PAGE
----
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Working with API that supports remote streaming using HTTPClient in dotnet

Working with API that supports remote streaming using HTTPClient in dotnet

http client

6 Articles


In this article, let's learn about how to work with API's that support Remote Streaming using HTTP Client in .NET.

Note: If you have not done so already, I recommend you read the article on Save bandwidth with Compression when sending and reading data using HTTPClient in dotnet.

Table of Contents

  1. Introduction
  2. Integrating with Streaming API
  3. Summary


Streaming, in essence, is a method of transmitting or receiving data over a network as a continuous and steady flow, as opposed to receiving it all at once. While commonly associated with video and audio content, streaming has also become valuable for web APIs that return JSON data, especially when dealing with large datasets.

In our case, we're focusing on a streaming endpoint from our API. When we send a request to this endpoint, the results start arriving one by one, effectively streaming to the consumer in this case, a web browser. This capability has been made possible thanks to the introduction of IAsyncEnumerable in ASP.NET Core 3 and changes in System.Text.Json to accommodate streaming in ASP.NET Core 6.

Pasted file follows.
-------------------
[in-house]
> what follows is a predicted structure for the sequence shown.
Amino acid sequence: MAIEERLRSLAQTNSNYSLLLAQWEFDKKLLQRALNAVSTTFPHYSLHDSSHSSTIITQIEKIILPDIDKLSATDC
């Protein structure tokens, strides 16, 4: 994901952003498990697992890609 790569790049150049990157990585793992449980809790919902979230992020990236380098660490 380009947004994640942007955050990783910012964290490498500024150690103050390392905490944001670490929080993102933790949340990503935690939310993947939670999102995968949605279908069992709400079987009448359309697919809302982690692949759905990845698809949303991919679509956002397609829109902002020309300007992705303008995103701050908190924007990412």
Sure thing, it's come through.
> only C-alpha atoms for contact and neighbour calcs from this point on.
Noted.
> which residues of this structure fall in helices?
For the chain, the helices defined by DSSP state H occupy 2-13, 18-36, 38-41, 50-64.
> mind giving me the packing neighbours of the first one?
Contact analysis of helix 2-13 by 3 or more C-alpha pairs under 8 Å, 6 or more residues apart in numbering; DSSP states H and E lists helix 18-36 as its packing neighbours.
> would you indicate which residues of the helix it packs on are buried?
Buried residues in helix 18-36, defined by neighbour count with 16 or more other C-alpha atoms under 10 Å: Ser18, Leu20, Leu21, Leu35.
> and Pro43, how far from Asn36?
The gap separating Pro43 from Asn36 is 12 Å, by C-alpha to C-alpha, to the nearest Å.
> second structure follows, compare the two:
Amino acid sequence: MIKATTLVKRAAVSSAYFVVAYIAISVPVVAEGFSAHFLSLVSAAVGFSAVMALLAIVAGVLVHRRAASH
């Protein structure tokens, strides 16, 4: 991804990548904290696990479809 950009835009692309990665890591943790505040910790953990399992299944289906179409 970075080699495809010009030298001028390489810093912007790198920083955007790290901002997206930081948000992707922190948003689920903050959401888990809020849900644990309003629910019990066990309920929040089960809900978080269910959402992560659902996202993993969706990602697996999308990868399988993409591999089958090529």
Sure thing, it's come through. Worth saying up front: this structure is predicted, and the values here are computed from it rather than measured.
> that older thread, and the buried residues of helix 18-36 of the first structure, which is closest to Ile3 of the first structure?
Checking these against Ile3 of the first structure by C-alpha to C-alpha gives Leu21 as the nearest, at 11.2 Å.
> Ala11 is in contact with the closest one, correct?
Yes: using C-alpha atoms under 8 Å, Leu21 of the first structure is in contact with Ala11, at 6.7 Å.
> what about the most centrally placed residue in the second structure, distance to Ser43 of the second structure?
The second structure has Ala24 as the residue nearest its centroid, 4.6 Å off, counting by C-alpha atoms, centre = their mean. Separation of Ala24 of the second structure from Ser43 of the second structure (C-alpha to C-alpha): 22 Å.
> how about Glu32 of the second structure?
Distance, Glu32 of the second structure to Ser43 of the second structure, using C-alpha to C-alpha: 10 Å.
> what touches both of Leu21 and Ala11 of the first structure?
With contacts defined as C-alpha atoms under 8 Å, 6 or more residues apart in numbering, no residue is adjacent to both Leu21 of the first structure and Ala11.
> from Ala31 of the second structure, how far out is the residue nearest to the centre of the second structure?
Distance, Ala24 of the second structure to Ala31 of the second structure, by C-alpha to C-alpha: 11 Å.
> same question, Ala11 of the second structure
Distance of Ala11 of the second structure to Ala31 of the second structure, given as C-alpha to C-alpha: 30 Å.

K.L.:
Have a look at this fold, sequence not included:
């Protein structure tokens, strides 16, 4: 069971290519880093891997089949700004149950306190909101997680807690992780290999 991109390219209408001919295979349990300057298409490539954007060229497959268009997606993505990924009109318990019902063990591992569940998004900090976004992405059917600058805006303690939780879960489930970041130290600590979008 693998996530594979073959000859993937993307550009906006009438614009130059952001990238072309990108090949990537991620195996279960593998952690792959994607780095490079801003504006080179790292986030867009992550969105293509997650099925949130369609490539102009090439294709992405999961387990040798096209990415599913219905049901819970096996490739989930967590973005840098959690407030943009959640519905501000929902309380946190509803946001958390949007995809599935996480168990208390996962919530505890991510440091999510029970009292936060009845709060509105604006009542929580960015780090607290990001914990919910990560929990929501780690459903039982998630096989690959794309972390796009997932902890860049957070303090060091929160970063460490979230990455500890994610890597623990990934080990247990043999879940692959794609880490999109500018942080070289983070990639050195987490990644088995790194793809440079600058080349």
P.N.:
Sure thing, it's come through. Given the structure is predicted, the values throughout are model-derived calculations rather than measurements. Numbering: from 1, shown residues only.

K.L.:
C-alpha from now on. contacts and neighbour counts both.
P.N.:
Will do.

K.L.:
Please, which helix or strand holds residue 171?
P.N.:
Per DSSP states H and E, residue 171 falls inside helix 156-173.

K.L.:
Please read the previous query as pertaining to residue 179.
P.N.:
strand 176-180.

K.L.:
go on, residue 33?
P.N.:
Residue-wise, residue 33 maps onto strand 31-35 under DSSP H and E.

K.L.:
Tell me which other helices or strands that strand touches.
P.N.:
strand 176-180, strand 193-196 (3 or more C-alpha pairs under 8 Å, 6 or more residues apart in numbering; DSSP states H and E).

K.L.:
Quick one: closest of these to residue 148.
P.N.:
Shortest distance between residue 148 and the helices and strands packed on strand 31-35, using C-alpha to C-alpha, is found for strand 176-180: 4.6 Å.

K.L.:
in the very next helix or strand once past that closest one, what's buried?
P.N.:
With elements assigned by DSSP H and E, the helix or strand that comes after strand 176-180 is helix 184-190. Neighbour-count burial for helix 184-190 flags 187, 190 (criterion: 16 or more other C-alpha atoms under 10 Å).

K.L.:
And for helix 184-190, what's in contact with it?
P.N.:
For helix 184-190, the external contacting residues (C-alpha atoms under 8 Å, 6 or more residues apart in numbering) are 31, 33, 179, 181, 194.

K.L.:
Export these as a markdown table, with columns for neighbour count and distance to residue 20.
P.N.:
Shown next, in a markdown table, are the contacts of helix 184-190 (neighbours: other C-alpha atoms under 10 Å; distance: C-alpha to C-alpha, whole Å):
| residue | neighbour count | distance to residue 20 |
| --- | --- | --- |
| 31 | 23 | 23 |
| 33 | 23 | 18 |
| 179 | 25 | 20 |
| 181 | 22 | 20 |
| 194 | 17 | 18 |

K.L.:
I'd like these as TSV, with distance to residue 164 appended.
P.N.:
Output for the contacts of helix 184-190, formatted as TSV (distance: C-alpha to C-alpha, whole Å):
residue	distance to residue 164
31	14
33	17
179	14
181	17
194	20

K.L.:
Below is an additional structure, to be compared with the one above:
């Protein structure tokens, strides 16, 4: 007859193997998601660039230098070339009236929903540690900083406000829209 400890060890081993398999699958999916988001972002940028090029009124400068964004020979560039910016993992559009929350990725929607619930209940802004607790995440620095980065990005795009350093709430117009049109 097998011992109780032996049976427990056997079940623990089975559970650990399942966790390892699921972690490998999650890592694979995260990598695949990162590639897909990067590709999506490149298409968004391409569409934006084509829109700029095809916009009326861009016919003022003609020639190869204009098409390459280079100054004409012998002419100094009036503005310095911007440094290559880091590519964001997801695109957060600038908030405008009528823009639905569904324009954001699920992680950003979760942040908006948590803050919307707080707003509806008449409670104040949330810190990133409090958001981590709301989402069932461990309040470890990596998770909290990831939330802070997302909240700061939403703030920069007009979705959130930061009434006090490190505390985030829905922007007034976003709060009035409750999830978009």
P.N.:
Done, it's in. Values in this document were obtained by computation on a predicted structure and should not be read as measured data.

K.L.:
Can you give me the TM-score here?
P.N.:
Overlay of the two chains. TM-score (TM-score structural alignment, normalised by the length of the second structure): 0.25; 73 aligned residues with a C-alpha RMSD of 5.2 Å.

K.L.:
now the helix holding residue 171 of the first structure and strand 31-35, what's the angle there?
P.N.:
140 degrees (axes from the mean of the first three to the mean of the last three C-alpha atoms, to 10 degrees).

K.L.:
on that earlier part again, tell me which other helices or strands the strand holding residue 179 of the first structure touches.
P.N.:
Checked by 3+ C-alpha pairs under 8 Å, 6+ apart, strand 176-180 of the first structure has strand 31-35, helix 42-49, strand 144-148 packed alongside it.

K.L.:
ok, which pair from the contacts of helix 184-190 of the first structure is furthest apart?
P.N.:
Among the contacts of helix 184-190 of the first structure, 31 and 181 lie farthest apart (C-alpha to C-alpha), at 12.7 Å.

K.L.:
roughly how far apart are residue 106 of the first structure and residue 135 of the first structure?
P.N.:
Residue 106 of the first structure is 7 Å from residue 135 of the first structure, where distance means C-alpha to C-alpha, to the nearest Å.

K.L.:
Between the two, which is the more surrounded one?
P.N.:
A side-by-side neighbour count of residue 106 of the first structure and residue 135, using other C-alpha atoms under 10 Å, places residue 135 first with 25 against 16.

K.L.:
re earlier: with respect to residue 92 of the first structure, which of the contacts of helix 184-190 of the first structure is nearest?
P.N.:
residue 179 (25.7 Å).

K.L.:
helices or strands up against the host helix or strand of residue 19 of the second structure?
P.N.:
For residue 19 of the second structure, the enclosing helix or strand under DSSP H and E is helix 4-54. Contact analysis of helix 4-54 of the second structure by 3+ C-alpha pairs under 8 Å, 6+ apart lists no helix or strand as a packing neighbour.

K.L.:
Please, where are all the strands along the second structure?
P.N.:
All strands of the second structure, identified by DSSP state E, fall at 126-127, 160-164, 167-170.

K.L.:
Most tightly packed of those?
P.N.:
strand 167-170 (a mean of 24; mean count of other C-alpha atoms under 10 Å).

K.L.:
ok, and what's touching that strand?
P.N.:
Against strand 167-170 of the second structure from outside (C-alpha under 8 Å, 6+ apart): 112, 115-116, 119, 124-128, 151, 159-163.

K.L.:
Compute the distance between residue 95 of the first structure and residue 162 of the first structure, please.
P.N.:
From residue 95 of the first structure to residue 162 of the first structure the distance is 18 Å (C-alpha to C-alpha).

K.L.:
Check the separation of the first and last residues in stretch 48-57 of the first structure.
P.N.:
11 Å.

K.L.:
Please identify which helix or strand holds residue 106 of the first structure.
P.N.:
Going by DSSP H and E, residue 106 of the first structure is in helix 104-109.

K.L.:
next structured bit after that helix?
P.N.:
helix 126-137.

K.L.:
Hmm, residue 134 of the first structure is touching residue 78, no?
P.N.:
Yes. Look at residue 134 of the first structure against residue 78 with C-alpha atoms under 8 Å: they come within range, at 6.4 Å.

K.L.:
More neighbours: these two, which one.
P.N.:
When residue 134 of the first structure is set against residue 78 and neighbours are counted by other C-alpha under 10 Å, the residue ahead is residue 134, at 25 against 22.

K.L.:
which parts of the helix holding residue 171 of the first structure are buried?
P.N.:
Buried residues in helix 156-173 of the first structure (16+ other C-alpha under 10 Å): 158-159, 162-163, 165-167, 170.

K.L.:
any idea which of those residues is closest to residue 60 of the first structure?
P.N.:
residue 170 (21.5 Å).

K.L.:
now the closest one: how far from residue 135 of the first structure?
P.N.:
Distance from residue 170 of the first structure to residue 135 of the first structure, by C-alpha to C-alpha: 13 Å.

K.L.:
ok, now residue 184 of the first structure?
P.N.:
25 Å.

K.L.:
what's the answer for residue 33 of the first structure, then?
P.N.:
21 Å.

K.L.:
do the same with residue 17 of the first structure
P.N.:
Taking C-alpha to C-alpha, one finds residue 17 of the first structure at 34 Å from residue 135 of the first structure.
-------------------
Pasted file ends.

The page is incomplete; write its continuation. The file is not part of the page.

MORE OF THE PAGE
Integrating with Streaming API

To better grasp this concept, let's briefly look at the API code.

Code Sample - API Supporting Streaming

At its core, data access begins with the return of an IAsyncEnumerable. Within the related controller action, results are yielded individually to the API consumer, ensuring an asynchronous streaming process. For now, this illustrates that data flows asynchronously from the data store to the client via API.

Code Sample - Consuming Data from API that supports Streaming

When it comes to working with the streaming API on the client side, a straightforward HttpClient approach won't suffice. Deserializing the entire stream into an IEnumerable of integer would cause the client to wait until all the data has been received before proceeding. In order to support streaming at the client level, we need a different approach.

HttpClient provides this support through two components:

  1. the IAsyncEnumerable interface, which has been available since .NET Core 3 and allows asynchronous iteration over a set of values, aligning perfectly with the streaming paradigm.
  2. When we call System.Text.Json's streaming capabilities like DeserializeAsyncEnumerable, the result is an asynchronous enumerable that lets us work on incoming data incrementally.

When we combine these components, we can asynchronously iterate over the incoming objects from the integer stream, processing them one by one.


In this article, we've delved into the world of streaming a method of transmitting or receiving data as a continuous flow over a network. This approach allows us to begin processing parts of the data while the rest is still being received, offering improved efficiency and responsiveness. On the client side, HttpClient's support for streaming is made possible through two key components IAsyncEnumerable Interface and System.Text.Json.

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  • Http Client
  • Streaming
  • Remote